Developed by esteemed Japanese developer Atlus, Shin Megami Tensei V represents the studio's first foray using Unreal Engine. The highly anticipated JRPG was released to tremendous critical praise on Nintendo Switch, with review sites like GameSkinny stating, "Shin Megami Tensei V is an outstanding RPG, made all the more so by its countless improvements over its older siblings." To see how the development team pulled off this incredible feat, we visited their offices in Tokyo, where they shared what UE tools were particularly critical in helping them achieve their vision. Make sure to watch the video below!
Speaking on the game's much-praised stylish graphics, Atlus Lead Modeling Designer Takumi Yoshihara shared, "Our approach was to maintain the dark atmosphere of the Shin Megami Tensei series while adding new 3D depictions of hand-drawn illustrations." He added, "We took graphics with a hand-drawn look and tried layering on Unreal Engine’s signature photorealistic effects to produce a result appropriate for modern game consoles."
He credits UE's materials system for being instrumental here. "Unreal Engine’s materials were ideal for this kind of experimentation. The demons in the Shin Megami Tensei series, in particular, vary widely in appearance, so we often needed custom materials," he added, "It was nice to have the flexibility to deal with situations like that smoothly." The lead modeling designer elaborated, "Material instances were easy to work with. Because it’s easy to find and replace parent materials, we could effortlessly review and adjust their appearance, which was really great."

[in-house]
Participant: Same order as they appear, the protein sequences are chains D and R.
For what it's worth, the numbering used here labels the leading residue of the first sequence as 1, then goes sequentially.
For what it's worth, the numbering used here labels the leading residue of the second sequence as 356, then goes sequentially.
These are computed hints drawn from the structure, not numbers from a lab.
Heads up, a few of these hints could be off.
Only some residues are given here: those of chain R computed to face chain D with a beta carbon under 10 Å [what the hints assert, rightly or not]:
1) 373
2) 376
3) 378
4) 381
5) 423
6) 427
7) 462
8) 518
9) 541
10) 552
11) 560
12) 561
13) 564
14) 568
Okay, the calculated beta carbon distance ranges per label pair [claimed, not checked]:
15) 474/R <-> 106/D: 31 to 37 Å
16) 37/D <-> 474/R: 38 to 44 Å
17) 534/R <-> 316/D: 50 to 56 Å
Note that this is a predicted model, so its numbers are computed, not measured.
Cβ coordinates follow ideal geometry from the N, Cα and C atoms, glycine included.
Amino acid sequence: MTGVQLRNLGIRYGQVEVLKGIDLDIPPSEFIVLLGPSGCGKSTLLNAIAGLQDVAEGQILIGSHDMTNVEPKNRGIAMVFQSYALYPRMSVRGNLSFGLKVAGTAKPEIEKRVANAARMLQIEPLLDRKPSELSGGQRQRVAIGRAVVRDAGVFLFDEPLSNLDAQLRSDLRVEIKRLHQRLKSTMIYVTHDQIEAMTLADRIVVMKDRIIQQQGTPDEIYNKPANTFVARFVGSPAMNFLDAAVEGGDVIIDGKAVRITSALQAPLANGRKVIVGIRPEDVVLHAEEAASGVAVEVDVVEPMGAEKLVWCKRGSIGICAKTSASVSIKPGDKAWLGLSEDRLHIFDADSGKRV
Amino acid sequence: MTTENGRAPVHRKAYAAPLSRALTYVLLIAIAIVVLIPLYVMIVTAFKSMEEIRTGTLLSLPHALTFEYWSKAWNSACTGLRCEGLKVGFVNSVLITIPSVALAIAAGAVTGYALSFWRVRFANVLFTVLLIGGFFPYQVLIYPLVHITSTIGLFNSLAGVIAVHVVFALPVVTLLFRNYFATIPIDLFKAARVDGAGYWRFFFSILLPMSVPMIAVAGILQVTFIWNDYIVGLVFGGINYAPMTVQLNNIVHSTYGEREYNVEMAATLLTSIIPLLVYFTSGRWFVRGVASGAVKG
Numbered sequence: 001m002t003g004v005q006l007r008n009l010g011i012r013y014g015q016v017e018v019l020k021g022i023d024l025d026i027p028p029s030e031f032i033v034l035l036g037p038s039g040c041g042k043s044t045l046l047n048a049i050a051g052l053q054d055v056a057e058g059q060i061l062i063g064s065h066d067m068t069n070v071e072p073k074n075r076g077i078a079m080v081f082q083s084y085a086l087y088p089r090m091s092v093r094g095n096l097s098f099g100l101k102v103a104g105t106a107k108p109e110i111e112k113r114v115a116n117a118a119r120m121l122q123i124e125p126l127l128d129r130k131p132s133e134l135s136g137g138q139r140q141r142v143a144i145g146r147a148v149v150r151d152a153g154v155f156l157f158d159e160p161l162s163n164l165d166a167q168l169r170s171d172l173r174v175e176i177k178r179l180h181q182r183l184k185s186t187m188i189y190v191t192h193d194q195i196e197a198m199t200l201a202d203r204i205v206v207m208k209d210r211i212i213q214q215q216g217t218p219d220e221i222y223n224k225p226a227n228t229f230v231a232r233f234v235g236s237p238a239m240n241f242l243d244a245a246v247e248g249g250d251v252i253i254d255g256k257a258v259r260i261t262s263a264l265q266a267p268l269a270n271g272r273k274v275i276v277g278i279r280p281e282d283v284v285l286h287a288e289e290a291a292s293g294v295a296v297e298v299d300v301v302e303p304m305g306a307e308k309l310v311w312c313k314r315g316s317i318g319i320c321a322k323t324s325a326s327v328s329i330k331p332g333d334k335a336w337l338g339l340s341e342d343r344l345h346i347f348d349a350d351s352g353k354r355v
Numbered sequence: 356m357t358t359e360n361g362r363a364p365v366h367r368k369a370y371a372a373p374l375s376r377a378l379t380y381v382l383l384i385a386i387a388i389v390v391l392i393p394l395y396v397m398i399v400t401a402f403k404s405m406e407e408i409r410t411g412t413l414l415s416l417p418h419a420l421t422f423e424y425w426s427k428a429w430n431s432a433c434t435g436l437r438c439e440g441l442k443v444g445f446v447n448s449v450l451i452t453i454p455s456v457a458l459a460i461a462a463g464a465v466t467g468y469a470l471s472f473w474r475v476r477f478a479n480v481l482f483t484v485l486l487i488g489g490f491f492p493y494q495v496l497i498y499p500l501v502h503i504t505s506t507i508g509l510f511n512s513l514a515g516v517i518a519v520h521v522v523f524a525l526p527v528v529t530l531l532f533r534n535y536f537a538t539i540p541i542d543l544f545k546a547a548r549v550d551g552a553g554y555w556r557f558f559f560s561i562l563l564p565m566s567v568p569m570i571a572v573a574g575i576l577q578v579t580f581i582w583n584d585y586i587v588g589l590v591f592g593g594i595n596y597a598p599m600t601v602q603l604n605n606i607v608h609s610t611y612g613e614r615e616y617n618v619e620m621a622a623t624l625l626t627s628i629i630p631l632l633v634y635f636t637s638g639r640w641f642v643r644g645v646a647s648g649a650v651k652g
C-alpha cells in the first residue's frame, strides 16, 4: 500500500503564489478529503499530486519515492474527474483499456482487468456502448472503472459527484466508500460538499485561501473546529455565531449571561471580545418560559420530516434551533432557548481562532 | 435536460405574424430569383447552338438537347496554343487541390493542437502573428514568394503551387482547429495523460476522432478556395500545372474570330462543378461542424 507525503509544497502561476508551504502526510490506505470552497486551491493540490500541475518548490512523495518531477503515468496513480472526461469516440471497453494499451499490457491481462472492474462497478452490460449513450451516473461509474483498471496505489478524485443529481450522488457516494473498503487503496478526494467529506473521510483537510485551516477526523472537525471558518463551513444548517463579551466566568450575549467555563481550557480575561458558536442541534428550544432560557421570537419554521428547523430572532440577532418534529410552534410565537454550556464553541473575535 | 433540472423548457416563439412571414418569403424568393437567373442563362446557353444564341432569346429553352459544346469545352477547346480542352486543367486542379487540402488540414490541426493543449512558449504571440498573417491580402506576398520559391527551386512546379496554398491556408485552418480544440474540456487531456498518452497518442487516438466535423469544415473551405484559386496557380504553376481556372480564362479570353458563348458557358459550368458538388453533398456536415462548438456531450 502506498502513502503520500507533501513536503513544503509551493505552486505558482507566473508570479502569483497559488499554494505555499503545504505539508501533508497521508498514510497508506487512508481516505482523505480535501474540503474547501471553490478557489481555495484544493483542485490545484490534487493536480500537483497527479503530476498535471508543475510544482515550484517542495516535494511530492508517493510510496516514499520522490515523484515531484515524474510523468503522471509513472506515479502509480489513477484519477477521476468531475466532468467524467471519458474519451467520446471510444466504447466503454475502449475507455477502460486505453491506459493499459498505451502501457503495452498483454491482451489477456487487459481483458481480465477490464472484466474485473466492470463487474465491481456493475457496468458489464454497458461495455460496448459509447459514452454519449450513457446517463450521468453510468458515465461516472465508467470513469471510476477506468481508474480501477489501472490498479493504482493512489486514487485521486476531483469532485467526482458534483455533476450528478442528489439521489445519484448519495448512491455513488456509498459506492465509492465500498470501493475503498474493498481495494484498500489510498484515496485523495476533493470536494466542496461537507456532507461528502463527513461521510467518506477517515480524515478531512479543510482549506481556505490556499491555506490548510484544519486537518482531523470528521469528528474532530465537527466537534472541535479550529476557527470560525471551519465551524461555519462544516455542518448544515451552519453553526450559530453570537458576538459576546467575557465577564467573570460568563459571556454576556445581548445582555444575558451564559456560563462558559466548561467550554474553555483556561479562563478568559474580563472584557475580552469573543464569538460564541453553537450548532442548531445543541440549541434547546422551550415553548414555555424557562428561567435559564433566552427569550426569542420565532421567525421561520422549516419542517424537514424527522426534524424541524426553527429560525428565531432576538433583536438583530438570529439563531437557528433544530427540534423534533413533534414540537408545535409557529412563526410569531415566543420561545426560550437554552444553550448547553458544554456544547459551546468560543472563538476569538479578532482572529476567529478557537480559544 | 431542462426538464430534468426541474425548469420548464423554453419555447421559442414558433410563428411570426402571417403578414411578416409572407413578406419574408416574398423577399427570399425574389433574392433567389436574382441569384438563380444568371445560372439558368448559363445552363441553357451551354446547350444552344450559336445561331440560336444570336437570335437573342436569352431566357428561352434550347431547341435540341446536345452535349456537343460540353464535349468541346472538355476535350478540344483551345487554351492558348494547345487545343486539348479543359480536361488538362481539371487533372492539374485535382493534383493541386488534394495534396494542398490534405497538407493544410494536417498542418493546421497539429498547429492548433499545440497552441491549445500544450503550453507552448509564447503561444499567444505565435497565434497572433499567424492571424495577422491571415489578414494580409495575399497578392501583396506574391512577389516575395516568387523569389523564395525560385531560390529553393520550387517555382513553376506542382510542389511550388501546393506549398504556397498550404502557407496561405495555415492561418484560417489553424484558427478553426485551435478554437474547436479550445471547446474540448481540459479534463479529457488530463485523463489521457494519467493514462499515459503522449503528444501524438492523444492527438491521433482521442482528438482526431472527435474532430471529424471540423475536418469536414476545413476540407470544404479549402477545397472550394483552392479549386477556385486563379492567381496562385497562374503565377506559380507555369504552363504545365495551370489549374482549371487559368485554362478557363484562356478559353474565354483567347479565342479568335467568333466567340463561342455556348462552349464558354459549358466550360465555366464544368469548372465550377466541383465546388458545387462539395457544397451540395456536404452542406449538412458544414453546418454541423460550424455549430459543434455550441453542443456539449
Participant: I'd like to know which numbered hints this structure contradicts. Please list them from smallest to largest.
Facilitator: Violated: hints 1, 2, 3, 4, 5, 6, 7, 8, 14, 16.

Atlus Lead Field Designer Kohei Onishi shared that Pivot Painter was one of his favorite UE tools. "At first, we used it to depict swaying trees and grass, but it was also really helpful when we created the [game's] mysterious objects."
Being a heavily story-driven game, Atlus Lead Event Designer Katsuhito Hora stated, "One of our goals for Megami Tensei V was to create cinematic cutscenes, and I think that Sequencer was an indispensable tool for accomplishing that goal." He added, "Because it was so easy to adjust the camera and lighting, designers could paint a detailed picture of a scene to their hearts’ content." He went on to say, "Sequencer made it easy to access and adjust a model’s internal parameters individually and to make changes for a single take, which was really helpful."
On the scripting side, Atlus Lead Programmer Yoshiki Oyamada shared how helpful visual-scripting system Blueprints was to iteration. "I should say that we threw out all of our gameplay scripts from Shin Megami Tensei IV and replaced them with Blueprints." He added, "Unreal Engine’s Blueprints were superior to the scripts we used in Shin Megami Tensei IV and allowed our scripters to do more than they could before, so, in the end, they resulted in significant productivity gains over our previous scripts."